Dan Duran, the head of academic and industry partnerships of ISSA, shares tips for operators on creating careers.
There’s no question that the post-pandemic staffing challenges surpassed anything ever seen by health club owners and operators — and most businesses for that matter. The Great Resignation didn’t just create a staffing problem, it exposed a bigger problem. The fitness industry does a poor job creating careers for personal trainers and most health club staff. A wise CEO once said, “Keeping great players on the fitness team is simple. They want three things: Pay me, grow me, and respect me.” Just to reinforce this fact, a 2021 Pew Research study showed that these were also the top three reasons employees left their jobs.
Most entry level club staff — in particular personal trainers — are hired as part-time employees. They are often paid just above minimum wage and don’t receive benefits such as paid time off and health insurance. This isn’t what a career looks like, so they leave within months of being hired — contributing to the 80% trainer attrition seen in most clubs. Health clubs need to offer competitive pay and benefits to get a candidate to commit to an interview, let alone hire and retain them.
The famous staffing questions are, “Do I invest in employees so they can just leave?” Which is followed by “What if I invest in them and they stay?” At a base level, employers should be willing to invest in training for new hires to ensure they can be successful. Most new personal trainers have never done an intake or interview, sold training or written a periodized program. Make the investment in setting up your team for initial success, then continuing education. You’ll also want to ensure they have a path for growth through promotions and additional responsibilities.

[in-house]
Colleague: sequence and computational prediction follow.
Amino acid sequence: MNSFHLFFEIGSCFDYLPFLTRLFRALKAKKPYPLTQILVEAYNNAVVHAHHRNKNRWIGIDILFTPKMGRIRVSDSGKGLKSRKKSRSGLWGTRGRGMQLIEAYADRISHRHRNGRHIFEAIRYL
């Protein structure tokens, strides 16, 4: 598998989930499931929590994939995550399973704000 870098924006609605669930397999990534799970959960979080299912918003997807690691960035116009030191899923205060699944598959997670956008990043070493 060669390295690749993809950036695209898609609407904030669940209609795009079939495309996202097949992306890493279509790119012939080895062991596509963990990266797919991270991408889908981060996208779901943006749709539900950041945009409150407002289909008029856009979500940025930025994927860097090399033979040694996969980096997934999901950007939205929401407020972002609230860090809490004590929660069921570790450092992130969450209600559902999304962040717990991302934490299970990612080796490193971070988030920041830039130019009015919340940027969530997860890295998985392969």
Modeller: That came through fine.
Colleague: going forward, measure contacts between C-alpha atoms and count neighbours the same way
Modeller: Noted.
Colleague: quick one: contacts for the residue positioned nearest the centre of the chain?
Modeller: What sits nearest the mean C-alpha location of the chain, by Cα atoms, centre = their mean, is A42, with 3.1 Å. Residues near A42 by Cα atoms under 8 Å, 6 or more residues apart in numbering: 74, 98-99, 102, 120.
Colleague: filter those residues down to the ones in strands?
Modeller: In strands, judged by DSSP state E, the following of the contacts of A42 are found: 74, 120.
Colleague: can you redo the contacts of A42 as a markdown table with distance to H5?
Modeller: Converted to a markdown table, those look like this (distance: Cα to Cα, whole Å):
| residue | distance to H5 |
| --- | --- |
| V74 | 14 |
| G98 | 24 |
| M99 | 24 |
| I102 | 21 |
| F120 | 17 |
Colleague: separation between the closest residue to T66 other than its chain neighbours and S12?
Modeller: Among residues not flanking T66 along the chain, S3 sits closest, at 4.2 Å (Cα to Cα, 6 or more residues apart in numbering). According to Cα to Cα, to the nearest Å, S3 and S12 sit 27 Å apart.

Empowerment of employees isn’t a new concept, but you’ll also find that millennials and Gen Z team members have a desire to not only be a part of something much bigger than themselves, but they also want to contribute to it. Ensure that you are asking for their feedback and opinions when decision-making, so they have some buy-in and ownership of new initiatives. Better yet, leverage their strengths by asking for ideas on how to improve your processes and programs, then let them be a part of creating them. The days of just telling people what to do are long gone. Teamwork has never been more important.
It’s That Simple
In summary, improving your ability to gain, train and retain good employees is a simple solution within a complex environment. Pay them well, provide them with training and growth opportunities, and respect them as individuals while providing them opportunities for empowerment.